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Fort Drum soldiers receive training about avoiding impaired, distracted driving

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FORT DRUM — Behind the wheel of a simulator car, control quickly slipped from the hands of Staff Sgt. David J. Zeneski.

As a computer rapidly altered control of the car, replicating the effects of having a high blood alcohol content, he ran a red light and stopped several feet from an intersection. Sgt. Zeneski then attempted a right turn, which carried him too far, sending him off the road and into a building, ending his ride.

“It felt like the wheel just kept going and going,” he said. “I guess it’d be the same way if I was totally wasted.”

As soldiers look to hit the roads for their summer block leave, officials on post are putting them through the “Save A Life Tour” training to help them avoid drunk and distracted driving.

“One accident is one too many,” said Albert S. Mack, Army Substance Abuse Program prevention branch chief.

Among the tips given during the training, held at Magrath Sports Complex, was to plan for a ride before drinking, save money for a taxi and put down the phone while driving.

In addition to a movie showing the dangers and victims of drunk-driving crashes, soldiers were given a chance to drive two simulators.

The second simulator tested their reactions on an erratic roadway as they were pressed to answer a barrage of text message questions on a paired phone.

“People can’t focus on two different things at the same time,” Mr. Mack said.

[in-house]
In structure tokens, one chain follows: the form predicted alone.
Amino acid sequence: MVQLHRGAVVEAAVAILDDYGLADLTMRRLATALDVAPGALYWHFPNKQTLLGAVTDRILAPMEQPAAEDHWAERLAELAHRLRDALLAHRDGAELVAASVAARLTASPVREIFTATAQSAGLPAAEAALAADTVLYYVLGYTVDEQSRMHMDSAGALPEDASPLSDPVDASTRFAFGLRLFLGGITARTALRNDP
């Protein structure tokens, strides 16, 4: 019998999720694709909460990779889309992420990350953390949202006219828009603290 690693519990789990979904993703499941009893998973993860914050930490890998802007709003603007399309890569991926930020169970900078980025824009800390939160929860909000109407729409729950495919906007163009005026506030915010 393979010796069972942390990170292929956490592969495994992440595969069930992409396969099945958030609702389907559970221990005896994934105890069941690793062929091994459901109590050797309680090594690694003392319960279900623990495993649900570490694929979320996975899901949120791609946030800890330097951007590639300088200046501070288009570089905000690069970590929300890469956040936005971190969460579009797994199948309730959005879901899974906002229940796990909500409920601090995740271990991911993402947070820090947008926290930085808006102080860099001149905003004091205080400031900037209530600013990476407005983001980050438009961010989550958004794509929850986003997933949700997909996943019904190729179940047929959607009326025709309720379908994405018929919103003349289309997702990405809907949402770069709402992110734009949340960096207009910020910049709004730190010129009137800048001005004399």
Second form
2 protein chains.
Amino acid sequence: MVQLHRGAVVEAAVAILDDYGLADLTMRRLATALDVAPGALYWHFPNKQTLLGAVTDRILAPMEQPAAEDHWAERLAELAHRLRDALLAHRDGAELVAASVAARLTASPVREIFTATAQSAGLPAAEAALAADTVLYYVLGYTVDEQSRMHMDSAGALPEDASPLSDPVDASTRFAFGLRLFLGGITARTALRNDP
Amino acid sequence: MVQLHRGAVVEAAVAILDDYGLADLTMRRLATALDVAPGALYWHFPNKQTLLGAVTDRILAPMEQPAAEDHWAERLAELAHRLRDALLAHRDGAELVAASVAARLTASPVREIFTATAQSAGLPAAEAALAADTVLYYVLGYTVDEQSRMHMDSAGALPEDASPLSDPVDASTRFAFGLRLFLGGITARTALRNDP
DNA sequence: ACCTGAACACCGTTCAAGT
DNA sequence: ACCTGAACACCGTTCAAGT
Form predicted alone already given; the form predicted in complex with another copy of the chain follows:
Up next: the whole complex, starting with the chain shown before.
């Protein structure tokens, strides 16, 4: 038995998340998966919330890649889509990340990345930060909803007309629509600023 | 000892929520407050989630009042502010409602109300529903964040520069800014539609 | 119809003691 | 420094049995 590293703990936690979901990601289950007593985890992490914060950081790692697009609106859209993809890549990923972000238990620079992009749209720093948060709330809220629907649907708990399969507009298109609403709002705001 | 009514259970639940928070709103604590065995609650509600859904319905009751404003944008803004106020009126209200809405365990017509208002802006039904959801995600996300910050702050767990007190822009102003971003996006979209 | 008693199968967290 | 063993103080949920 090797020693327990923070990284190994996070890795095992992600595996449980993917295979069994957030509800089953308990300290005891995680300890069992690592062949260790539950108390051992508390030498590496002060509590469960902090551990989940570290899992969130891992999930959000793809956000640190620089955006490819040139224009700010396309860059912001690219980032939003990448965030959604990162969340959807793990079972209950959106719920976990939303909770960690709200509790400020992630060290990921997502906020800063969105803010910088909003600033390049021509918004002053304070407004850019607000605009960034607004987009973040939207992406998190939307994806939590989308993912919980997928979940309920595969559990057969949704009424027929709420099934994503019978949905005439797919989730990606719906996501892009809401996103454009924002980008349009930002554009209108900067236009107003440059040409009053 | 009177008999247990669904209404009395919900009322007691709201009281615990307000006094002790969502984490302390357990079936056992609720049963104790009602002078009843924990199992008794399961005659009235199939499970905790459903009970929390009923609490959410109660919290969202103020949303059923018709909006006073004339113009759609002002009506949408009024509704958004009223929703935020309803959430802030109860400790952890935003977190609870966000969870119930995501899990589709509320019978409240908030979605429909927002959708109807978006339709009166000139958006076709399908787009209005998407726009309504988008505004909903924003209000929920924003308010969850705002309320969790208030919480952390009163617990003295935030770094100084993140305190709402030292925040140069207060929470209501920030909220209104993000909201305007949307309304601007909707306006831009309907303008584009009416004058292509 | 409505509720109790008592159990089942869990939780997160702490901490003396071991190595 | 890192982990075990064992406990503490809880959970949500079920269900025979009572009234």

As they drove, instructors stood over them, reminding them of the legal consequences of dangerous driving, which in the case of drunk driving could be major fines and a major mark on their criminal record.

For many soldiers, attendance at the course was mandatory. Mr. Mack said he expected about 7,000 soldiers would cycle through the training by the end of this week. Civilian workers on post also took part in the training.

Staff Sgt. Bruce-Lee A. Hernandez, who drives a motorcycle, said the training affirmed his defensive driving maneuvers around other vehicles.

“They can barely see you as is,” he said. “If they’re drunk, it’s 20 times worse.”

With soldiers expected to head home for block leave in a matter of weeks, Mr. Mack said that the training was even more critical. Their knowledge could be put to the test as they celebrate with their family and friends.

“It’s not just here, it could help them anywhere they’re at,” he said.

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